‘Music is your own experience, your own thoughts, your own wisdom’
– Charlie Parker
This project was completed by James Fitch, the idea of the piece is to see if the effects of the British Council Film Collection (BCFC) films are still the same when the music is changed. All the music was selected from Radio X’s, ‘Best of British‘ survey, these songs include.
The idea of the piece originated after I had watched a few of the BCFC films. I realised there was no possible way I could relate to these videos. Instead I decided to use music as a commentary for the films, and use the songs as a way to express my opinion.
The 1940s was an interesting time for film, a lot of it heavily revolved around creating propaganda, or promoting Britain after the War. Most of the videos I watched fell into these categories. But some still managed to document British pastimes quite well, for instance Cricket shows the English preparing for the final day of the 1946-47 Ashes series (it was originally scheduled for 1940, but due to the War, it had to be postponed a bit). It shows how important sport is in this country, and the power it has to unite a nation even after such horrific events.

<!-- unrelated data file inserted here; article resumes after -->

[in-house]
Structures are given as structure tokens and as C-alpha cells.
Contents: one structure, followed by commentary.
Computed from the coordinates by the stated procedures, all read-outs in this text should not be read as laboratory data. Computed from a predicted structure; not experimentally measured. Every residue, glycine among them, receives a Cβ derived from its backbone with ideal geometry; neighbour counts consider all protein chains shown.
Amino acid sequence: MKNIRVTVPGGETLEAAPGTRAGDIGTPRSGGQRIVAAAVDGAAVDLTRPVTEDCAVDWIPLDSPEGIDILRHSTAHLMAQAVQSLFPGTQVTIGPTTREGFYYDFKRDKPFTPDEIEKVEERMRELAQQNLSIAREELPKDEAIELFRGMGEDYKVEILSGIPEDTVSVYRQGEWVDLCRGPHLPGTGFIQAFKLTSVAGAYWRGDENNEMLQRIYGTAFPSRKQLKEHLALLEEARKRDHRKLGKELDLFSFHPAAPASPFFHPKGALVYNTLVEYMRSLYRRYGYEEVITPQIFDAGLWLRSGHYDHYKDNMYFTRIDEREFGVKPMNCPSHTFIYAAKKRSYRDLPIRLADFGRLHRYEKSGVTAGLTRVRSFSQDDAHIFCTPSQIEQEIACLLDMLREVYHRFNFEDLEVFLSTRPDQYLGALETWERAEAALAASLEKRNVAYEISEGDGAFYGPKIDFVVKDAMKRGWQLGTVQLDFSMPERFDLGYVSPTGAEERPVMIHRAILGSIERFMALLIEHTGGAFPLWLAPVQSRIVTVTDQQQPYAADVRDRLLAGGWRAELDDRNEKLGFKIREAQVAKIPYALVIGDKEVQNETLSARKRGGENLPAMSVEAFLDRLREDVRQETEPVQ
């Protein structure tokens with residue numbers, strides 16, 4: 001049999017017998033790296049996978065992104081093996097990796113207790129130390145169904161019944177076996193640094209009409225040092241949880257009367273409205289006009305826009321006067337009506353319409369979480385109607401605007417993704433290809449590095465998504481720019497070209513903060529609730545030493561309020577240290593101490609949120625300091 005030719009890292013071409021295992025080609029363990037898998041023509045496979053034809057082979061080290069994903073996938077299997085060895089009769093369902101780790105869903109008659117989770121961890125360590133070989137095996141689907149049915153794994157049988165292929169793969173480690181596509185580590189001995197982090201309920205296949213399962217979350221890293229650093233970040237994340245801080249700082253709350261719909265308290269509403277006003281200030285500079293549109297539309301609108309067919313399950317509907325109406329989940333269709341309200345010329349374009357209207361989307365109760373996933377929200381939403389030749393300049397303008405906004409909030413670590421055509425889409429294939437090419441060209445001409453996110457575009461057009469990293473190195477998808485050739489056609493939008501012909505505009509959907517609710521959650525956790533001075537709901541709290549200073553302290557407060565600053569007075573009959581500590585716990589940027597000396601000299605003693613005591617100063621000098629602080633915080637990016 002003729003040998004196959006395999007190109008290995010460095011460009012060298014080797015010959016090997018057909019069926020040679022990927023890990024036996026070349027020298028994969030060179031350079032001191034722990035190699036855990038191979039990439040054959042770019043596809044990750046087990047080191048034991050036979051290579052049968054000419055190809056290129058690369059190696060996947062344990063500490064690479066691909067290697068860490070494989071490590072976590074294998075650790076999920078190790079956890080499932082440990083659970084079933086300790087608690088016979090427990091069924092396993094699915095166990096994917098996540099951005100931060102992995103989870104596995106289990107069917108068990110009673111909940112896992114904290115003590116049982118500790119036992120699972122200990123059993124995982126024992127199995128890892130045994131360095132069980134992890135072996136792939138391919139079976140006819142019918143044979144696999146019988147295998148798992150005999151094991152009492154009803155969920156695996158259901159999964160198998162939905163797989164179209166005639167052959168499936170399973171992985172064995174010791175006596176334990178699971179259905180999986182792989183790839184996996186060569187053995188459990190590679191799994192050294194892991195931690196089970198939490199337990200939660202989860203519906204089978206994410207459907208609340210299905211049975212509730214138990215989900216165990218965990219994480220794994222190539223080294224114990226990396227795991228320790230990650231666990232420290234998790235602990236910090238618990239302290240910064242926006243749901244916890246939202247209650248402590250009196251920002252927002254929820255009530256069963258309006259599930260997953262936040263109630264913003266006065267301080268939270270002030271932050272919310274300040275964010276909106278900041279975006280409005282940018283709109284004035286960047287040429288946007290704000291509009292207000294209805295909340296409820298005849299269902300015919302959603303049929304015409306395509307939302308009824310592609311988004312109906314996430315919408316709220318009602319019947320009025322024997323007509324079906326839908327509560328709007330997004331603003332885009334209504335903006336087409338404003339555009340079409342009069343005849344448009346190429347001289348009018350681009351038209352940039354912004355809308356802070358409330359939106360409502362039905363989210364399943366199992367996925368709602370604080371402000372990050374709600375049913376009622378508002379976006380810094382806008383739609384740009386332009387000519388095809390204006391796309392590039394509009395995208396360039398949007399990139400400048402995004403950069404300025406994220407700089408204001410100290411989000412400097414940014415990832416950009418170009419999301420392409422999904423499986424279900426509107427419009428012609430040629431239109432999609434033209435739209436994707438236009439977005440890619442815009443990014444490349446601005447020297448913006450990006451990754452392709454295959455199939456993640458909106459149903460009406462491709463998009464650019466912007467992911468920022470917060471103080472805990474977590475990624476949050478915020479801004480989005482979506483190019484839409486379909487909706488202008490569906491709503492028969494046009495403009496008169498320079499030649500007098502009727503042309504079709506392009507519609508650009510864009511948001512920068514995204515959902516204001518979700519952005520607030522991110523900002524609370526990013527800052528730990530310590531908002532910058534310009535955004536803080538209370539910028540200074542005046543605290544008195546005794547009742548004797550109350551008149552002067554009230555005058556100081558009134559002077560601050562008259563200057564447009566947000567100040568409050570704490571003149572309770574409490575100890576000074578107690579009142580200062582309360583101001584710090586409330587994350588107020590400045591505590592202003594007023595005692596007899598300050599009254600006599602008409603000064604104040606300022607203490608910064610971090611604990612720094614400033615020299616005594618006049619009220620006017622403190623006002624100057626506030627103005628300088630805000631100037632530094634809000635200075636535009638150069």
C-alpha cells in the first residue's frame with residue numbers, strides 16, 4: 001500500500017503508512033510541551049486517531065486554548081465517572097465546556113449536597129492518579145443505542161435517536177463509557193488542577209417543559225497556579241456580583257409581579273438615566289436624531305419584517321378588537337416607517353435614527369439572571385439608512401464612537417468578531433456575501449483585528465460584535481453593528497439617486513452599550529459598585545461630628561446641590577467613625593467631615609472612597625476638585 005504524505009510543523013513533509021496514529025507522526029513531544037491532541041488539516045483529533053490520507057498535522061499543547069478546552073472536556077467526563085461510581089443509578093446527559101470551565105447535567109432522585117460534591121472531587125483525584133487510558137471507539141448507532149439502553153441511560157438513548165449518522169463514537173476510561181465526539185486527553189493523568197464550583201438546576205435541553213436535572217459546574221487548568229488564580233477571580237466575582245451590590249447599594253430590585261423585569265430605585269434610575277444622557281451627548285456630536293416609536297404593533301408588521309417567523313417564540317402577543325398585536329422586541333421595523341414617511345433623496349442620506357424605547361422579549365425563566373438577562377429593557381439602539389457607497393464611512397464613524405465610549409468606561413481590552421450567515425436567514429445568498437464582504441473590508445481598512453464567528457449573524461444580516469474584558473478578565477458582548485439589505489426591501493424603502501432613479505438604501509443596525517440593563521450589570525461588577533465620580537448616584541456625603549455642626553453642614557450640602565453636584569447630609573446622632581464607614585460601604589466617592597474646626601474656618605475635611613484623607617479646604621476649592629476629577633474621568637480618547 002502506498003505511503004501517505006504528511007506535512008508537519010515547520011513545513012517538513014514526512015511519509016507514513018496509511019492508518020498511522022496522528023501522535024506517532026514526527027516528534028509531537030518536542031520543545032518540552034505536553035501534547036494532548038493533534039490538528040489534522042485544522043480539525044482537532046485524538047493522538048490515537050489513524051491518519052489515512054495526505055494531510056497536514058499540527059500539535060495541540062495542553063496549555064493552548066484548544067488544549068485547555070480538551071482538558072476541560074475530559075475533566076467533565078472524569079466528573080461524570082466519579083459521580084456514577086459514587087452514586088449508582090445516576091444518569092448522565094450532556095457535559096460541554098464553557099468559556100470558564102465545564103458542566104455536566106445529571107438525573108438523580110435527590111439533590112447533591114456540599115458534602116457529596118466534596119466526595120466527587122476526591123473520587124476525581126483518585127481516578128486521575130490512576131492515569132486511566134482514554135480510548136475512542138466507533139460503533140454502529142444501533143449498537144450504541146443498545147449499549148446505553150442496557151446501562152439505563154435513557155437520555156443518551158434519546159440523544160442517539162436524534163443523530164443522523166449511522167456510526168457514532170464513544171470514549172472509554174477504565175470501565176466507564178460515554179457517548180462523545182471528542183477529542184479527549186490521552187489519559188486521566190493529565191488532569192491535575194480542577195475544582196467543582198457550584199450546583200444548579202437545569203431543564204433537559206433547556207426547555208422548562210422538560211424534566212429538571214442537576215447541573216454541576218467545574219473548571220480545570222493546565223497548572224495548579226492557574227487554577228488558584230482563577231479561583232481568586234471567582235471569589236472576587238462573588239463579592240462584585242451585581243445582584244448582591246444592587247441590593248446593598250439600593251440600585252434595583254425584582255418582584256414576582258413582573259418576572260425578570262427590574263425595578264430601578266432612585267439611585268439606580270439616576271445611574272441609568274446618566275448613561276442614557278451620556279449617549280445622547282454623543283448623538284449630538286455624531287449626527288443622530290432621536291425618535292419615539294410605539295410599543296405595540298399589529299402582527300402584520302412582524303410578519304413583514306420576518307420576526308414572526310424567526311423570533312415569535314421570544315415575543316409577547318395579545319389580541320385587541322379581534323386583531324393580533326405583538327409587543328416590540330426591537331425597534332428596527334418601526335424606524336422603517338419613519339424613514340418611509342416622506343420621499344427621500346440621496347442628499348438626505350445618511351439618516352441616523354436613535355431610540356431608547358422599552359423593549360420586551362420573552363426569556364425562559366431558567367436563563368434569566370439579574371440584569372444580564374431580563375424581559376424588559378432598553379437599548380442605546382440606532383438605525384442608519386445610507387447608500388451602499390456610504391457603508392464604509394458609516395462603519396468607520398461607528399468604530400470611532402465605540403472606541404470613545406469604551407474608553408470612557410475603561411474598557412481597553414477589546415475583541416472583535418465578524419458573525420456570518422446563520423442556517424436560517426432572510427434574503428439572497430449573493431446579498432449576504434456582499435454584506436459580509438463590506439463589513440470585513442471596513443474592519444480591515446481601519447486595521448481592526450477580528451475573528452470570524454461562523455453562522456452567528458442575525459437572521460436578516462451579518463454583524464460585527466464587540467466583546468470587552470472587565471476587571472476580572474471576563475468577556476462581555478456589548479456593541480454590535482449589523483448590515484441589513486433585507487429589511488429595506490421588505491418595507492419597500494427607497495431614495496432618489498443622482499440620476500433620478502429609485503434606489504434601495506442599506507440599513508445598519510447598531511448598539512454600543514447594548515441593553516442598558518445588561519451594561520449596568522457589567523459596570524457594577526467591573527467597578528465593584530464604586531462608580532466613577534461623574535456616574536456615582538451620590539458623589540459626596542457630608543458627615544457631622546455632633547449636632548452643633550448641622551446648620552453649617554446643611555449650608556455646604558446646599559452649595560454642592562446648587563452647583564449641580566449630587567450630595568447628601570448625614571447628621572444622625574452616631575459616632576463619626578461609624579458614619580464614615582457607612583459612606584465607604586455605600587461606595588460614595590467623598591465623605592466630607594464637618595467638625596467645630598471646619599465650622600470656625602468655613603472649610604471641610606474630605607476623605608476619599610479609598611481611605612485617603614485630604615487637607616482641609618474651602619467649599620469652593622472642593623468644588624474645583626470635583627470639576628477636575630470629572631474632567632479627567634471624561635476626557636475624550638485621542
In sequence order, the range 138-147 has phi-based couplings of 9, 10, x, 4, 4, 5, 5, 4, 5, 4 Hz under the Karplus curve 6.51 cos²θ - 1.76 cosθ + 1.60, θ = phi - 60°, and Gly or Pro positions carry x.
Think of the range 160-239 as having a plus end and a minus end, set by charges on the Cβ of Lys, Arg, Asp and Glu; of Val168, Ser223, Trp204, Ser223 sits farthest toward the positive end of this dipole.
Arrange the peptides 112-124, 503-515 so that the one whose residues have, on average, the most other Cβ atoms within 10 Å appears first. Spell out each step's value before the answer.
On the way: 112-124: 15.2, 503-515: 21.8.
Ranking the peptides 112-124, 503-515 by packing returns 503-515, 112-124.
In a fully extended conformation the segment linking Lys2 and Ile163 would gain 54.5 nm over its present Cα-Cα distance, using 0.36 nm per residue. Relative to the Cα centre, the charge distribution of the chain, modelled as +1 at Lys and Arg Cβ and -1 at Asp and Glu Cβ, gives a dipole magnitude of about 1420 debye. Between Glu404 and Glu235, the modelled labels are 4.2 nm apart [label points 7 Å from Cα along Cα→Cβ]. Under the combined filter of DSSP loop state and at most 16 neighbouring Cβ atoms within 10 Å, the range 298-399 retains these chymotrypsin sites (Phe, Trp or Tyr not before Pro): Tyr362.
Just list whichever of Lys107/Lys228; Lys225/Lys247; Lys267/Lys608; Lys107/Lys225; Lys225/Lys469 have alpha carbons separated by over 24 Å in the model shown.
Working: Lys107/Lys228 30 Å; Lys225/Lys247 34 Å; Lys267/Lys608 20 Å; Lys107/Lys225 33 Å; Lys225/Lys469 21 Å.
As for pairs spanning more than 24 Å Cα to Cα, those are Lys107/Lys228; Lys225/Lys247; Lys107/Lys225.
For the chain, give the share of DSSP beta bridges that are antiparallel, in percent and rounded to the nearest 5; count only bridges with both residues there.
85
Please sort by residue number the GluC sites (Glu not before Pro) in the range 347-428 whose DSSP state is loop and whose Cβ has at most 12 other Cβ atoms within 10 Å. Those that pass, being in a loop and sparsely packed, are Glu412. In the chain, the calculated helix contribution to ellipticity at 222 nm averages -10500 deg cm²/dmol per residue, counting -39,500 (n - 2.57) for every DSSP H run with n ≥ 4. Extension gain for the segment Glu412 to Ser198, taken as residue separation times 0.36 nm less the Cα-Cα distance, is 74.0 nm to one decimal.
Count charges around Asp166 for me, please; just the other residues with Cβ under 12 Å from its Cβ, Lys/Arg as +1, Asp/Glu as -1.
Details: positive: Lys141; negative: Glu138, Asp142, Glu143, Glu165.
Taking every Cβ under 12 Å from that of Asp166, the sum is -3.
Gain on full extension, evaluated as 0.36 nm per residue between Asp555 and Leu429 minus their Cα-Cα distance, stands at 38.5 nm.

A film I chose called Dartmouth was focused around the Naval School in which young boys prepare for a career in the Navy. The original film is mainly used as propaganda for the war effort, showing how extensive the preparations were. However when I watched this film on mute, for me it became more about the naivety and innocence of youth.
The films used in the creation of The Past: Revisited are part of the British Council Film Collection, 120 short documentaries made by the British Council during the 1940s designed to show the world how Britain lived, worked and played.
View, download and play with the Collection here.
The films I chose were:
Originally the plan was to make a music video for a modern song, however this was changed as it was more interesting to make a piece that could spark conversation, as it also allows for people to question their ideas of 1940s’ Britain.
I wanted to make the video a little rough around the edges, as this adds to the comical notion of the video itself, it is 10 minutes long, and has 4 chapters, and can be viewed below.